2.   Backpressure – caused by pumps, piping systems elevation, or thermal expansion from a heat source.

Backflow can cause our drinking water to become polluted or contaminated.  Pollution reduces the quality of drinking water.  It does not create a public health hazard, but adversely affects the aesthetics of taste, odor, and appearance.

Can Backflow be Prevented?

Yes, the backflow of undesirable elements into the drinking water system can be prevented.  A cross-connection is a physical connection between the water supply and any source of possible pollution or contamination.  By eliminating or controlling all actual or potential cross-connections, the public drinking water system will be protected within the city water main system and within buildings.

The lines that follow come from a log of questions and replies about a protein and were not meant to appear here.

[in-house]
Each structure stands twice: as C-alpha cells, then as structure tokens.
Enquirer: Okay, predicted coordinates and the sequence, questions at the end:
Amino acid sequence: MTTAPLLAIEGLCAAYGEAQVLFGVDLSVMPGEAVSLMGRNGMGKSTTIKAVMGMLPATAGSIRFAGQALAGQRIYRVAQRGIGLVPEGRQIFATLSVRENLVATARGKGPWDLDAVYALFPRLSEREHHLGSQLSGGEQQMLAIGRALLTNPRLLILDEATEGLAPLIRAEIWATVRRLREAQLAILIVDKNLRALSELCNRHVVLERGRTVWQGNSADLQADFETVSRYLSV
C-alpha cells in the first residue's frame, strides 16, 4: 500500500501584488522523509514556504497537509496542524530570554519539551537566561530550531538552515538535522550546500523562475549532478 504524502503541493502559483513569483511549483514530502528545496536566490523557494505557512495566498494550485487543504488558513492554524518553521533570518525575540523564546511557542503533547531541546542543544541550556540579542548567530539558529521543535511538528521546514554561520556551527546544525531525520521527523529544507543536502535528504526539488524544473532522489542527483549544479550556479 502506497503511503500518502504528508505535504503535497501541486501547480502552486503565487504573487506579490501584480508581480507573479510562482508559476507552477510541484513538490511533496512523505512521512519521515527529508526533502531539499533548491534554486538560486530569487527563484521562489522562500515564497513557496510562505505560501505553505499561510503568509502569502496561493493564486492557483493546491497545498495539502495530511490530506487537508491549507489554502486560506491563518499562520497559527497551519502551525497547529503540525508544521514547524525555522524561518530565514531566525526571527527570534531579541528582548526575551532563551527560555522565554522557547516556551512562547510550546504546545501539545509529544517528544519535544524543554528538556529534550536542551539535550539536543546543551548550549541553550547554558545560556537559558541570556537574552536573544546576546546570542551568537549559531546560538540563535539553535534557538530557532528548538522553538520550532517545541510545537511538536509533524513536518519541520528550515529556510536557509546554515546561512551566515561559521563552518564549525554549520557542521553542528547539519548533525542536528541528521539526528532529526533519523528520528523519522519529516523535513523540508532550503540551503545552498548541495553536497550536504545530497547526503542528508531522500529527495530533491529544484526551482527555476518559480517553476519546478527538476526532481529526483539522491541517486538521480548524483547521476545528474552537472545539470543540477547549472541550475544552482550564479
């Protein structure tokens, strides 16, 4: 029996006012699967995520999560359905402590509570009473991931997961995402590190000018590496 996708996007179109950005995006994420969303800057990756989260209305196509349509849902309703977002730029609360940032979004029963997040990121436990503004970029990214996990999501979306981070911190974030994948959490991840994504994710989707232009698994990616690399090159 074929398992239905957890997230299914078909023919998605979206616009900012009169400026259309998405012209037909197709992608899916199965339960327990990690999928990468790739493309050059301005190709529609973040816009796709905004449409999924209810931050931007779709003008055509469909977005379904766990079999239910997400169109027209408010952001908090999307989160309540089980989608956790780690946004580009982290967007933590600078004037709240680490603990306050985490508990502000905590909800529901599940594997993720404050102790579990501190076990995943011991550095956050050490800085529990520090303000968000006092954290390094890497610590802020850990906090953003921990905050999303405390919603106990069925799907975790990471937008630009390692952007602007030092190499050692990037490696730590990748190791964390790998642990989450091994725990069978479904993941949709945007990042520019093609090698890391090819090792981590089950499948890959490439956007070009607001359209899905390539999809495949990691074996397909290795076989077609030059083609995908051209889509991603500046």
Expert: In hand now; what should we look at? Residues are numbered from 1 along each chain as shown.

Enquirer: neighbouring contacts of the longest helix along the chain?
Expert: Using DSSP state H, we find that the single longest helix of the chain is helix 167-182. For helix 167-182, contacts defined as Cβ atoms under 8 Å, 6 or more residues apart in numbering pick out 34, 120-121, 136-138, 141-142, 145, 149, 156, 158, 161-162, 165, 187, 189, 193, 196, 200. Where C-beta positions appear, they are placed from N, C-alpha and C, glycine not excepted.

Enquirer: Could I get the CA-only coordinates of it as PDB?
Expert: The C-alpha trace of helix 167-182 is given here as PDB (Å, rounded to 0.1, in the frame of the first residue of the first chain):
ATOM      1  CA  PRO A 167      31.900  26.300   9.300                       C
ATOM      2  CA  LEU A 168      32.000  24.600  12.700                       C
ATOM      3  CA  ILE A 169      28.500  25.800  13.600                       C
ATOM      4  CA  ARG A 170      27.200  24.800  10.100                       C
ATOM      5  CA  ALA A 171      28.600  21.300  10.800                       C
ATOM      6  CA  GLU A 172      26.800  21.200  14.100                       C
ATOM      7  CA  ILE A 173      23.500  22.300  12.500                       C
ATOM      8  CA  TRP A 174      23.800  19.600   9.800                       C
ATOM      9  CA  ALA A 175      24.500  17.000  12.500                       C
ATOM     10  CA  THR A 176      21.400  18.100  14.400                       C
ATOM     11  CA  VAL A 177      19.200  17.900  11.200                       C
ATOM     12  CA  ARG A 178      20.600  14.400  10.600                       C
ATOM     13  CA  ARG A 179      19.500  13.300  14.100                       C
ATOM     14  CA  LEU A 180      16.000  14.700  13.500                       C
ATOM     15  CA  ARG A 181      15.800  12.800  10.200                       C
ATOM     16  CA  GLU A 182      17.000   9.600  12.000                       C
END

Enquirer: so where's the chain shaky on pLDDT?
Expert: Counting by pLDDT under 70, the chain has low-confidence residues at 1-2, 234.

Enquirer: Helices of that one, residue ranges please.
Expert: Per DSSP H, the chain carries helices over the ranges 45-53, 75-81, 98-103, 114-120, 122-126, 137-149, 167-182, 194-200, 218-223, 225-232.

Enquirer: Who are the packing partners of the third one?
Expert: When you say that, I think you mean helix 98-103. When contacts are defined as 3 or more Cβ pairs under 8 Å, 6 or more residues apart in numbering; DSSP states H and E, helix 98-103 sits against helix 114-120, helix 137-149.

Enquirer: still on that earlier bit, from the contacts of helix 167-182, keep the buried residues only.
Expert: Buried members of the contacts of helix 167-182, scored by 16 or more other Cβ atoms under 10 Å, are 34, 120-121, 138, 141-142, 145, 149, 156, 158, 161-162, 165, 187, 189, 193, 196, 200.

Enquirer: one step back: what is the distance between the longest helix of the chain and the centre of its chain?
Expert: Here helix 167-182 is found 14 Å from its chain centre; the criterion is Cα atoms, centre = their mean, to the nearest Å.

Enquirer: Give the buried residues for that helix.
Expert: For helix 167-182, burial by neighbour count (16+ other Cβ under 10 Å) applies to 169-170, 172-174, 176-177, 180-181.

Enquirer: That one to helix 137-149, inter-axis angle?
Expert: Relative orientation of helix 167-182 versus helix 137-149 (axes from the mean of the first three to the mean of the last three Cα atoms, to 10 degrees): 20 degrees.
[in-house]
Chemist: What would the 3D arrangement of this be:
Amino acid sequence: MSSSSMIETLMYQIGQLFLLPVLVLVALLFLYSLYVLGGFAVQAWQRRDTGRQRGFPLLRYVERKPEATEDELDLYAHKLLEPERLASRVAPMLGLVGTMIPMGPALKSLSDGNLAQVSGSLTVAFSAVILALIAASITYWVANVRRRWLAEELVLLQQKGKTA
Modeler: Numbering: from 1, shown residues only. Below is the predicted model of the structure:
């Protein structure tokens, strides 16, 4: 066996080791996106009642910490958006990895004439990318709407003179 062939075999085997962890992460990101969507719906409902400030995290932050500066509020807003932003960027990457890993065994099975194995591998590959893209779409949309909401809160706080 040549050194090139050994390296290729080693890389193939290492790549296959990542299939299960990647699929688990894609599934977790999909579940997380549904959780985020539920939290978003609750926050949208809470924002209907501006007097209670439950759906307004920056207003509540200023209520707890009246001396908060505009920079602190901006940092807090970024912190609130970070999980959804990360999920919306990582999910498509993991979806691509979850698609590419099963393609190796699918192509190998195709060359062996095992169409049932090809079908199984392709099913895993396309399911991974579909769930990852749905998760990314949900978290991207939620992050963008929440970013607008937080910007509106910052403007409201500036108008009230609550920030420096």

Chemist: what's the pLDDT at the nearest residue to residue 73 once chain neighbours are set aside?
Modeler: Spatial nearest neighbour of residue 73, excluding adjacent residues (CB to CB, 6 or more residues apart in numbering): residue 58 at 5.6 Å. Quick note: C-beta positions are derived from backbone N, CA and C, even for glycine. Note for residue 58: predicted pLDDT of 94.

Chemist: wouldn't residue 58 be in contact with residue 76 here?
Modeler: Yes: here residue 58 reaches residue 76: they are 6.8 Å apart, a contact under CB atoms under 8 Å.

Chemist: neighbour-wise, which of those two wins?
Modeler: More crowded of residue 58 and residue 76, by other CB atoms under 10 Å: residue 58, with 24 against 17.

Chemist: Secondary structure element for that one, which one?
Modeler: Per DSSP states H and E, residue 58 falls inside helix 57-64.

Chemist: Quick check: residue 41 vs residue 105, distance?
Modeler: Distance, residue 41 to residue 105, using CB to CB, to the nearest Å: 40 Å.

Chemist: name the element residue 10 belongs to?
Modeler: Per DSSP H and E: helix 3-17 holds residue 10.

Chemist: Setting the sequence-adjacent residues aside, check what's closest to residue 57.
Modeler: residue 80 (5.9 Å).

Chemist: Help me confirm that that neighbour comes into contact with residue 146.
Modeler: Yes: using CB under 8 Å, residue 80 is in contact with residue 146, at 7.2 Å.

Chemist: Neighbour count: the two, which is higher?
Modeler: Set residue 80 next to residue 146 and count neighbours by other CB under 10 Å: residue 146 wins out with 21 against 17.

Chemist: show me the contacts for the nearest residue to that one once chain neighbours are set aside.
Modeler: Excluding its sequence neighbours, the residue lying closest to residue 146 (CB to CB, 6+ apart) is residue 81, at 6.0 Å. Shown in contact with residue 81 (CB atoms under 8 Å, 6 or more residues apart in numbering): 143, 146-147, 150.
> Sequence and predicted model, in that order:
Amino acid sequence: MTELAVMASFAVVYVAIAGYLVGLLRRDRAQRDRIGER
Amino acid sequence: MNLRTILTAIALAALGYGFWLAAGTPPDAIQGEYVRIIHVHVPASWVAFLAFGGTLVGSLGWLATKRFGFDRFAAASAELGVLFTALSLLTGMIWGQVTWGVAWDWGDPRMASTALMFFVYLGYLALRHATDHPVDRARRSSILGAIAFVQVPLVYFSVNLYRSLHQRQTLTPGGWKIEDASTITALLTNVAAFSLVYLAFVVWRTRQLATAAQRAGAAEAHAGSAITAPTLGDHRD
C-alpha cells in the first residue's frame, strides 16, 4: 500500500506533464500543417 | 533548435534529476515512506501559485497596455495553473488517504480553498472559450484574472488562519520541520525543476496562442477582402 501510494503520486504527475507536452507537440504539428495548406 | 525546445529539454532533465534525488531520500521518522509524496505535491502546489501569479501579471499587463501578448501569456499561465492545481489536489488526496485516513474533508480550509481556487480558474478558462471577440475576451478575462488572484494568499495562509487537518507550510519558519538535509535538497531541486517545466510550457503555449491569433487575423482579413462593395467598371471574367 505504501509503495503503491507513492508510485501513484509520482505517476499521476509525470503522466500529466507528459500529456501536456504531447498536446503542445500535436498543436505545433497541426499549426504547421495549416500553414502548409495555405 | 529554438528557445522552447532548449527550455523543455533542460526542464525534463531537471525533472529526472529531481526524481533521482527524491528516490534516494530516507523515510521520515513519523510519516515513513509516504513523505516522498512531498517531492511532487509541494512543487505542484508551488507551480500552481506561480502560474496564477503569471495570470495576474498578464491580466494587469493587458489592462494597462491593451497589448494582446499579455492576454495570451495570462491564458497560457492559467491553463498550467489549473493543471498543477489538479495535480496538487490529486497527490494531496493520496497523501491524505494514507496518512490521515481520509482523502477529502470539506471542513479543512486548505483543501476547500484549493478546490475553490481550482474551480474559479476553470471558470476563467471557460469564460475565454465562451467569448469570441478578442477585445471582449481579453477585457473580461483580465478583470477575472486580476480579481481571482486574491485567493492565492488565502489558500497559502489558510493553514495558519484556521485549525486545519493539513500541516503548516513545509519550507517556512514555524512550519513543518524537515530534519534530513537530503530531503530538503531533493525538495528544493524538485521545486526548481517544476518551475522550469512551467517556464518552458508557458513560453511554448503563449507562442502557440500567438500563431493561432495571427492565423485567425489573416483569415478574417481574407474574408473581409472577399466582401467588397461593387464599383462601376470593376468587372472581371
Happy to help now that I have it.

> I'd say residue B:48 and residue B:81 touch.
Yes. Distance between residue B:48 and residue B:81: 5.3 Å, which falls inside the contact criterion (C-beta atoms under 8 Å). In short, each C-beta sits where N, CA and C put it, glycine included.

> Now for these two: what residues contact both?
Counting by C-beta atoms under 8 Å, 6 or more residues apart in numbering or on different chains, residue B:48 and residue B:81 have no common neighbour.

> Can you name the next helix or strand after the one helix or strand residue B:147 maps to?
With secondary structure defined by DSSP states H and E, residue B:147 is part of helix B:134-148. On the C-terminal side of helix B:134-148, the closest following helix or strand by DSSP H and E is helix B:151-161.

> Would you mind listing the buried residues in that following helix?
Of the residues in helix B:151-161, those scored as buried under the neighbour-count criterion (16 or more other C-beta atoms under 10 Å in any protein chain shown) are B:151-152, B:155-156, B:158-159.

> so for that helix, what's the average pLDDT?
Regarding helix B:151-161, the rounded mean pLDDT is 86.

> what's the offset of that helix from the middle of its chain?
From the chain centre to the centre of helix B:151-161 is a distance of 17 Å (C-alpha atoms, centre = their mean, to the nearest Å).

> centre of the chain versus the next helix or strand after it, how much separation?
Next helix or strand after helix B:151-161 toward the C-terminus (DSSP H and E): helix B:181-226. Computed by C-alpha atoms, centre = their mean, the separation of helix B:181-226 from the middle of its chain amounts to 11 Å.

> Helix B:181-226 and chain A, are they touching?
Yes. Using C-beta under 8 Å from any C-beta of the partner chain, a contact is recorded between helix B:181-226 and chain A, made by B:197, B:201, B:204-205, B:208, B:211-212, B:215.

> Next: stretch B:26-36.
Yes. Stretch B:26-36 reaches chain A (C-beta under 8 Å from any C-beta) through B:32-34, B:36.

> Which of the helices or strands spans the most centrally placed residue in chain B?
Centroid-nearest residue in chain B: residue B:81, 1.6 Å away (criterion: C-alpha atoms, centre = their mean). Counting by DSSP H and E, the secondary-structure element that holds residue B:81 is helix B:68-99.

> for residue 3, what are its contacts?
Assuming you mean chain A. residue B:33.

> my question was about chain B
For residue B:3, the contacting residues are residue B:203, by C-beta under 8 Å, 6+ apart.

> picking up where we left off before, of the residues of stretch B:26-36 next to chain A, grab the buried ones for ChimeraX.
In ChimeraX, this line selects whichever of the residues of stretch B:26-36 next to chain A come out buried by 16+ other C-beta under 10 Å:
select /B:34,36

Simple plumbing changes can easily eliminate many cross-connections.  However, where this is not possible, backflow prevention assemblies are installed to protect the water supply.

What Type of Backflow Prevention Assembly is Necessary?

The type of backflow prevention assembly required is determined by the degree of hazard.  In other words, the severity of the actual or potential hazard will dictate what level of protection is necessary to adequately protect the drinking water.

For temporary cross-connections, such as a garden hose, an inexpensive hose bib vacuum breaker is acceptable.

Cross Connection1
Cross Connection2

Other types of backflow prevention assemblies are available for permanent specialized applications, such as fire sprinkler systems, irrigation sprinkler systems and piping connections within a commercial facility.

What Can You Do?

First, you should determine if there are potential cross-connections in your home or business.  The local plumbing inspector or water provider can assist in this determination.